The least that the government could have done is issue guidelines for such advertisements
After introducing condoms in public distribution programmes more than 50 years ago, India has managed to achieve barely five to six per cent of the target for couples using condoms as contraceptives. Even today, ads in government-sponsored TV channels and radio stations could be seen encouraging people not to hesitate using the word ‘condom’. It seems, nothing much has changed in the last five decades.
What is also intriguing is the Union government’s recent order on restricting television channels from broadcasting condoms ads in the day time when general mass watch television.
Before elaborating on the decision, one more fact needs to be mentioned here. More than 24 million pregnancies in India in 2015 were unintended. This fact appeared in a study published in The Lancet Global Health on December 12. And barely five per cent of abortions are taking place in government facilities, which means government is not helping women with safe and affordable abortions.
And instead of considering these facts, Ministry of Information and Broadcasting (I&B) has decided that no ads related to promotion of condom will be telecast from 6 in the morning to 10 at night. It is a no-brainer that people who need to be educated about condoms watch television during this time span. According to the I&B ministry, headed by Smriti Irani, “some channels carry advertisements of condoms repeatedly which are alleged to be indecent, especially for children.”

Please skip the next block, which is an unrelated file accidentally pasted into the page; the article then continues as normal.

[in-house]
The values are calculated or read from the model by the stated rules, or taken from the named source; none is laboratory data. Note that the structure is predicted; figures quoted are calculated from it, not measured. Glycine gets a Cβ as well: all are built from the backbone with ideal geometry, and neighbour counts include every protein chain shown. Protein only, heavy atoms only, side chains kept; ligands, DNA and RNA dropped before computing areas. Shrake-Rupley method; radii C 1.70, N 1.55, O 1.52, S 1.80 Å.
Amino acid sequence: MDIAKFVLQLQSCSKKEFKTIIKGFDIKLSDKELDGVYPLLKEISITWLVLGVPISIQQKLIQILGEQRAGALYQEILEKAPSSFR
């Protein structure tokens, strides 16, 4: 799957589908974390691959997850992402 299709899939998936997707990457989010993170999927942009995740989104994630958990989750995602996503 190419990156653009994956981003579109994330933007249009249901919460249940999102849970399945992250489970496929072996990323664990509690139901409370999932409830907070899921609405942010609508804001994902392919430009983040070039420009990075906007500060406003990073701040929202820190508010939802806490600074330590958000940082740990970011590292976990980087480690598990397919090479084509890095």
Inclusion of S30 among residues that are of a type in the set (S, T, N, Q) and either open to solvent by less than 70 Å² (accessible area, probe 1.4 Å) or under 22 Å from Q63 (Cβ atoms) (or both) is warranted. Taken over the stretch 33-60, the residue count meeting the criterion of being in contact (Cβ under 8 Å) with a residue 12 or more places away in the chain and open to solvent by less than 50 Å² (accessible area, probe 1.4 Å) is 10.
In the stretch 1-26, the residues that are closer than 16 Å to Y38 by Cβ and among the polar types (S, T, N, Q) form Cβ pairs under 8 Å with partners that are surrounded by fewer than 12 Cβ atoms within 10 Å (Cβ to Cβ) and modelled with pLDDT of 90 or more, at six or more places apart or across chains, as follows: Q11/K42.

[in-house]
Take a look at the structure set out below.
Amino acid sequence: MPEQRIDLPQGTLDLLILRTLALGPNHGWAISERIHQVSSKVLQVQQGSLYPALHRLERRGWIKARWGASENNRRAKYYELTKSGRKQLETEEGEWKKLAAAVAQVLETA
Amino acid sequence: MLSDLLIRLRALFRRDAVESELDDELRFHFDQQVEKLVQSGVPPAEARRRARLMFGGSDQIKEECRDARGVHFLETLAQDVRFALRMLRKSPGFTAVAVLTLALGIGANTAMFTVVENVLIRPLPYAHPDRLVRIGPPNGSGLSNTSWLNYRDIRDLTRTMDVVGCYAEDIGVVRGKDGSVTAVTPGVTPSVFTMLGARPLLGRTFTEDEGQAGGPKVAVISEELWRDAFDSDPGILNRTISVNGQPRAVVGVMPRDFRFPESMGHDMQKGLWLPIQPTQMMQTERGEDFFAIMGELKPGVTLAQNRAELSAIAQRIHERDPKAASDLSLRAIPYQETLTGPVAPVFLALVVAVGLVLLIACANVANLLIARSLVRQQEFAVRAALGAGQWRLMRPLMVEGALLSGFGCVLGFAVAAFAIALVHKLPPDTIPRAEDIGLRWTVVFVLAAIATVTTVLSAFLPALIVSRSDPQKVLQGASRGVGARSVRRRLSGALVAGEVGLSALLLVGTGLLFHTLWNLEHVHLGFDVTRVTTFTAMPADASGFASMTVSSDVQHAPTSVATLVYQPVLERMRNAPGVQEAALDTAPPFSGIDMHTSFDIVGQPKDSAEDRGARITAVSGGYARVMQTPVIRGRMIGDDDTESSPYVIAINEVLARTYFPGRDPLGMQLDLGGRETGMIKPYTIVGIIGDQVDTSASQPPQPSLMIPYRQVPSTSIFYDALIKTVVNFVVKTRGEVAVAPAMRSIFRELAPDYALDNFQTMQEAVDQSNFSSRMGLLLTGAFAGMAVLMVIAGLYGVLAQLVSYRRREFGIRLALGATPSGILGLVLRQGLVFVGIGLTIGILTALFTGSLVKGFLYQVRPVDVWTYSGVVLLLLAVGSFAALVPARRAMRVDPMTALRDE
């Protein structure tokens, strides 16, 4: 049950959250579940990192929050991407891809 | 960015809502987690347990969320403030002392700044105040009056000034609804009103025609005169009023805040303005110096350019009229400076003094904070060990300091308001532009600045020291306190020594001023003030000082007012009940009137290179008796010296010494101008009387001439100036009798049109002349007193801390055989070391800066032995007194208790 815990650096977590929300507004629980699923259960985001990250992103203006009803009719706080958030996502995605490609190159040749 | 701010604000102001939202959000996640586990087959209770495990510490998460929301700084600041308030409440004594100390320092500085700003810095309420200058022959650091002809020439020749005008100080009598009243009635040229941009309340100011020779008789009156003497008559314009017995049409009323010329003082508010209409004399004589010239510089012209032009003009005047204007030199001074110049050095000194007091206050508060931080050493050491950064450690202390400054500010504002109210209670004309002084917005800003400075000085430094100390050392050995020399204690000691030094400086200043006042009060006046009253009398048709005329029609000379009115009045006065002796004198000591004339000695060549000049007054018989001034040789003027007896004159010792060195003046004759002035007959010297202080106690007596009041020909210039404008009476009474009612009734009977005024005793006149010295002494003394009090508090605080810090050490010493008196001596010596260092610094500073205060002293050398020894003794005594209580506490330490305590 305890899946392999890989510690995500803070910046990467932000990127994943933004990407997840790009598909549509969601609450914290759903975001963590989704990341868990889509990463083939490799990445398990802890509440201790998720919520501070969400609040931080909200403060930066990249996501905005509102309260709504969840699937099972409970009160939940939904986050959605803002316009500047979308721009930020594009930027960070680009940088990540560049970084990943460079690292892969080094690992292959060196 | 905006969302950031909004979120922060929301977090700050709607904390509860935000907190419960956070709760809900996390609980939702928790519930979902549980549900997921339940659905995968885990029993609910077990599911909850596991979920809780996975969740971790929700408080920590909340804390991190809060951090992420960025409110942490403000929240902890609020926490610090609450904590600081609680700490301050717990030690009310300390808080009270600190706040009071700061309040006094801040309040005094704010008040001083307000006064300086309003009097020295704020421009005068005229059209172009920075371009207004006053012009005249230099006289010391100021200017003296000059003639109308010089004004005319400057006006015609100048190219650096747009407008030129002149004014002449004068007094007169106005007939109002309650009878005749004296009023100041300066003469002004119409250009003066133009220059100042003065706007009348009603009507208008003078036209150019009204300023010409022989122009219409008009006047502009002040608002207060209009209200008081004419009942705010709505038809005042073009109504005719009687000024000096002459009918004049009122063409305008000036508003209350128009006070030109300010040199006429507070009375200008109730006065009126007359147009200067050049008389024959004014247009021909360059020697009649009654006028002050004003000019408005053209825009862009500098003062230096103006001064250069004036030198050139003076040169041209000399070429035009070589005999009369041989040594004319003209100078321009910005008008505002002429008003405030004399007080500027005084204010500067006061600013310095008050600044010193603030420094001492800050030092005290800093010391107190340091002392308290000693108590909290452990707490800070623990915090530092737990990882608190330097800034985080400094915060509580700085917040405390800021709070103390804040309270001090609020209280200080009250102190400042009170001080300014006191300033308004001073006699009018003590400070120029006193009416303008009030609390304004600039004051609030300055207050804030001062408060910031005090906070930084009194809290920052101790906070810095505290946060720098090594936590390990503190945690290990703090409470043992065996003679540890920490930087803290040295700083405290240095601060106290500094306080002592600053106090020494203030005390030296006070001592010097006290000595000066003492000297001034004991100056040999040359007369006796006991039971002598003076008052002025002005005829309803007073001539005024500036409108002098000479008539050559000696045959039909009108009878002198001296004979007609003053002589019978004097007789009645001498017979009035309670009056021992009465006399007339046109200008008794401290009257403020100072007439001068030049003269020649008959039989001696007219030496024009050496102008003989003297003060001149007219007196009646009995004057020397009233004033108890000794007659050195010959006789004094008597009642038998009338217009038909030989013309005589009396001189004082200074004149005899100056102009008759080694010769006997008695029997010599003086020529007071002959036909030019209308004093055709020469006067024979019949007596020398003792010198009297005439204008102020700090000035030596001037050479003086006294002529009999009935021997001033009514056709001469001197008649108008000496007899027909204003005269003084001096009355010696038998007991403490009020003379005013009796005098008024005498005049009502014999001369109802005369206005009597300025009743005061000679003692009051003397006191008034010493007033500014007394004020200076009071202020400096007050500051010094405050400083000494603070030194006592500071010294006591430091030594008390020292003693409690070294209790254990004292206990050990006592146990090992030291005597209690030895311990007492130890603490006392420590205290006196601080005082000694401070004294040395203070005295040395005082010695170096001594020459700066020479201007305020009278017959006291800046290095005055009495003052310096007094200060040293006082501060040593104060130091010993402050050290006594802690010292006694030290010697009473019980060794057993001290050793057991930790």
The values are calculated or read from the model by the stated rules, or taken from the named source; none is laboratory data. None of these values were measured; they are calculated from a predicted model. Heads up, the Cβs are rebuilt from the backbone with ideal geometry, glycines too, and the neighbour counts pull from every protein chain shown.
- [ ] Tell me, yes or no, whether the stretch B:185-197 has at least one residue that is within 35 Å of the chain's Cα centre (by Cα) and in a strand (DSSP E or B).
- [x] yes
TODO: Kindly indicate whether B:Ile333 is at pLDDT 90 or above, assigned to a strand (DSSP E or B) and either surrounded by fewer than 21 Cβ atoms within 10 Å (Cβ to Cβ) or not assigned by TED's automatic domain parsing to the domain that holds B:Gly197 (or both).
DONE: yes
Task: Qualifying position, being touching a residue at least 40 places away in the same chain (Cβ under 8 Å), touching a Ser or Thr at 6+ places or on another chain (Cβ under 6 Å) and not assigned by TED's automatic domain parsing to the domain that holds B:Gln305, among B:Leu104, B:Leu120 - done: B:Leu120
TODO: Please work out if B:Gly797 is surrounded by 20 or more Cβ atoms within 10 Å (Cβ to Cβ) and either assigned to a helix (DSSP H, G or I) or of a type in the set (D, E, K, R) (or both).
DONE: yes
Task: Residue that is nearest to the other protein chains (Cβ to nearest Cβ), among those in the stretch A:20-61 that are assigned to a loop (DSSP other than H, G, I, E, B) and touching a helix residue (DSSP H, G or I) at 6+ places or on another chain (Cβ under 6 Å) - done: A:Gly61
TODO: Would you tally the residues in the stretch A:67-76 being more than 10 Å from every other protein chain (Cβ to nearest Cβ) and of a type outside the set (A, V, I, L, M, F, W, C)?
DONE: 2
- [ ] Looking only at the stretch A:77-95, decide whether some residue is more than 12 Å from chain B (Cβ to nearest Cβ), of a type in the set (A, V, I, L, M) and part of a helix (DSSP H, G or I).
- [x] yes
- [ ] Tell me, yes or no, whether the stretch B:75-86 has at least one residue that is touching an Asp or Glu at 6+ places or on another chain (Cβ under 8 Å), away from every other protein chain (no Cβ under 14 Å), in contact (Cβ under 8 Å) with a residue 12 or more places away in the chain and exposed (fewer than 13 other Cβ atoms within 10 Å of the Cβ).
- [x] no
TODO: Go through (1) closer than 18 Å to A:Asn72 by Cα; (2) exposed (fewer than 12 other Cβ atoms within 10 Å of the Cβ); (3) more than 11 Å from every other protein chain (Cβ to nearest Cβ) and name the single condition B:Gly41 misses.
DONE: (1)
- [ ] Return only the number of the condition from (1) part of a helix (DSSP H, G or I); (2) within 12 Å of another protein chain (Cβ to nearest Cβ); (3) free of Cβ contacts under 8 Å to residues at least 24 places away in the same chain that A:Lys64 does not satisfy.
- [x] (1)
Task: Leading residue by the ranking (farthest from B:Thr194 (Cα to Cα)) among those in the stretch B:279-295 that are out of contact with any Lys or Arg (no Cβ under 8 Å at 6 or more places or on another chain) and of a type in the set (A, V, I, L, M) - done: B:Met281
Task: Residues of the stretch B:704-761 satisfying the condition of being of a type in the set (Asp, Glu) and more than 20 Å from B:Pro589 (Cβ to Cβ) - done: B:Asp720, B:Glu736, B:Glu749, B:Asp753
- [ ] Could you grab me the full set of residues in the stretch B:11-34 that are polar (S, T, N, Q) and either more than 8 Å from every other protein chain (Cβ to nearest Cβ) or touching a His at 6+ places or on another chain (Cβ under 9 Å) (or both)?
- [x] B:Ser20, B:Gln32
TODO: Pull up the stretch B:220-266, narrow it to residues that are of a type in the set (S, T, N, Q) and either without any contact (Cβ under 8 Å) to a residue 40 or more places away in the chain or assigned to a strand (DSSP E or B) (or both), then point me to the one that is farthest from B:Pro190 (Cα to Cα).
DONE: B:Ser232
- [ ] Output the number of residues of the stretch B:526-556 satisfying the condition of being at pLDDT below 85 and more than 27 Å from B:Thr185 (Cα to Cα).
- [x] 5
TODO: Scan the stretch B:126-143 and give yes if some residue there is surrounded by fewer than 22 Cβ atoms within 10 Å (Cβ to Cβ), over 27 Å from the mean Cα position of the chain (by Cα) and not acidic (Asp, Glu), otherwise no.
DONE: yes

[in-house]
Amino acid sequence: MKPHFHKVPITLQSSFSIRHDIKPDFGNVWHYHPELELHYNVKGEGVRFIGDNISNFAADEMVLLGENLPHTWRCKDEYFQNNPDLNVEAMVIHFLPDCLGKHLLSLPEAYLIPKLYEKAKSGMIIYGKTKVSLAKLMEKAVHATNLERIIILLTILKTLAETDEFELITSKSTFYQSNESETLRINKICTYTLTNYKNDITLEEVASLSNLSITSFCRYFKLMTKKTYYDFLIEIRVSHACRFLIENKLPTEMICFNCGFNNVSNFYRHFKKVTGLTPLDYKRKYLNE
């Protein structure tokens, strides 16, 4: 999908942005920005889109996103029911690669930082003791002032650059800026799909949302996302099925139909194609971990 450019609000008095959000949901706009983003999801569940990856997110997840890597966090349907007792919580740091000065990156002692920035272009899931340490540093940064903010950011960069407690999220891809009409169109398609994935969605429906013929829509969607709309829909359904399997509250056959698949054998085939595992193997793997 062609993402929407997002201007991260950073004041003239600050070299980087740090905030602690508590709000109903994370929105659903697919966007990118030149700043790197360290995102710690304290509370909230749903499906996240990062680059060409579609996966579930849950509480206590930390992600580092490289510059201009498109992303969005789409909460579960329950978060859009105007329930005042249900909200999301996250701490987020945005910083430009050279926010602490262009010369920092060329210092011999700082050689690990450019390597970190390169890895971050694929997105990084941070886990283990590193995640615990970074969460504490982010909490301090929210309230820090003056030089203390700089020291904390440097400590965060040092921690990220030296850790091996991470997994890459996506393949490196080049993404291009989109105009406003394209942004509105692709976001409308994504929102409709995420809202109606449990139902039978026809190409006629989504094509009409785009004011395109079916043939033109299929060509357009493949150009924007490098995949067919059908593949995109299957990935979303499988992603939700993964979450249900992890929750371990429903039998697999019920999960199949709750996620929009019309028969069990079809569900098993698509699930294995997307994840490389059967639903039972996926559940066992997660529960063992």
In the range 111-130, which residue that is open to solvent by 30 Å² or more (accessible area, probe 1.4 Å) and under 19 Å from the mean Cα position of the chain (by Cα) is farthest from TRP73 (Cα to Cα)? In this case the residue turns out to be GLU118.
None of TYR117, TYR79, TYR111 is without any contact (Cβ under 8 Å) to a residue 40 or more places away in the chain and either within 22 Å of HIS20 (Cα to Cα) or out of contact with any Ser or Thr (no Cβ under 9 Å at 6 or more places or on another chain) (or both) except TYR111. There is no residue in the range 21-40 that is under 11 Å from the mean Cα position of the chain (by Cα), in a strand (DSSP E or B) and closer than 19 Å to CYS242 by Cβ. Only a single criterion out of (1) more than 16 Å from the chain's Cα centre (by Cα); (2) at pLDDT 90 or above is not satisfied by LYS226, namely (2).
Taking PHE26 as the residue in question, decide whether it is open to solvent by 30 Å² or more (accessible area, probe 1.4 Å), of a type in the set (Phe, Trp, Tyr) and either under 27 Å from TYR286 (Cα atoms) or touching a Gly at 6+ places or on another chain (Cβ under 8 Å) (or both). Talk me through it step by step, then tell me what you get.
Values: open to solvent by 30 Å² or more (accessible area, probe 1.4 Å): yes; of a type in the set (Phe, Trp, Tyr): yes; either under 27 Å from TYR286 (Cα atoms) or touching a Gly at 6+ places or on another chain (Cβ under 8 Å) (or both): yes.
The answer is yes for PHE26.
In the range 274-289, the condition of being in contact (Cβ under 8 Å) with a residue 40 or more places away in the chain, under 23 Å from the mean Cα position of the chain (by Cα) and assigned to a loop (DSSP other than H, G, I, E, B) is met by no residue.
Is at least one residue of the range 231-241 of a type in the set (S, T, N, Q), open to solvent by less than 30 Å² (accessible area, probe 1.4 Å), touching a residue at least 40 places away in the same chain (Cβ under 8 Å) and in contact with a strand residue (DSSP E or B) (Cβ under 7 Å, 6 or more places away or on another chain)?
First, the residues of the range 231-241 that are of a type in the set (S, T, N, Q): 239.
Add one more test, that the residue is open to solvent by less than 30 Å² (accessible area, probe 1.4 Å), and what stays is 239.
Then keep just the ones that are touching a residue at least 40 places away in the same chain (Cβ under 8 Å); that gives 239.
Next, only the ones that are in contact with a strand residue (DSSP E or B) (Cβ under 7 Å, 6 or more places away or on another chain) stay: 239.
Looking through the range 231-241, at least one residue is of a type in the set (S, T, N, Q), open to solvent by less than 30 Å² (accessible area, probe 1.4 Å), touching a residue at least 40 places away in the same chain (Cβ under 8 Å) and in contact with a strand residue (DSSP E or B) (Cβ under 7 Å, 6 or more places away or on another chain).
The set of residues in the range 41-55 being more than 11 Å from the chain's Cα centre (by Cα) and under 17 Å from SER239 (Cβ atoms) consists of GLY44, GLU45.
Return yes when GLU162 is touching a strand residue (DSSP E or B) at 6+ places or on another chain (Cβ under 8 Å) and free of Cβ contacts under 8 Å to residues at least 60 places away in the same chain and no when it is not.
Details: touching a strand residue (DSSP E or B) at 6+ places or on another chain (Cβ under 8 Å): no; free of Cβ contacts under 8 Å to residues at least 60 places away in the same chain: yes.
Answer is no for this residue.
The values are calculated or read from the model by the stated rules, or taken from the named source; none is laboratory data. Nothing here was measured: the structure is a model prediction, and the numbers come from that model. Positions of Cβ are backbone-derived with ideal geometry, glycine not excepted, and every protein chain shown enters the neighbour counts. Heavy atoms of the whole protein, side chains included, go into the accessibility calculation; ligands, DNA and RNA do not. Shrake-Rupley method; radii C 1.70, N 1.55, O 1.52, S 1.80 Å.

The worst thing is that such order has come from a ministry headed by a woman. She is expected to be sensitive towards women at large.
Probably, she is not aware about the fact that India still lagging behind when it comes to uses of family planning methods. It leads to situation where women are forced to go through unnecessary abortions. An estimate says that 15.6 million abortions occur annually in India every year and government has no role into it. Most of these abortions are taking place with the help of medicine available in the market or in private hospitals.
Latest National Family Health Survey (NFHS) underlines a fact that burden of family planning is still largely on women. Barely 53 per cent of families are engaged in family planning. Mostly women have to take the burden of following family planning methods, starting from pills to sterilisation. While male sterilisation rate is one per cent, female sterilisation is 36 per cent. Barely 5.6 per cent couple use condom to avoid any unwanted pregnancy.
This is the story when fifty years have passed since India introduced mass distribution of condoms in 1963. At least for the last 25 years, the government has been engaging in intense campaign for promoting use of condoms.
Under such circumstances, the government’s decision to bar television channels from showing the condom ads is regressive. The least that the government could have done is issue guidelines for such advertisements.
Government’s decision reflects limited understanding of the issue as number of advertisements, which does not necessarily endorse condoms, are telecast during the day time that may not be suitable for viewing by children. These advertisements are broadcast without any regulation. Instead of banning, what we need a framework that every advertiser needs to follow.
We are a voice to you; you have been a support to us. Together we build journalism that is independent, credible and fearless. You can further help us by making a donation. This will mean a lot for our ability to bring you news, perspectives and analysis from the ground so that we can make change together.
Comments are moderated and will be published only after the site moderator’s approval. Please use a genuine email ID and provide your name. Selected comments may also be used in the ‘Letters’ section of the Down To Earth print edition.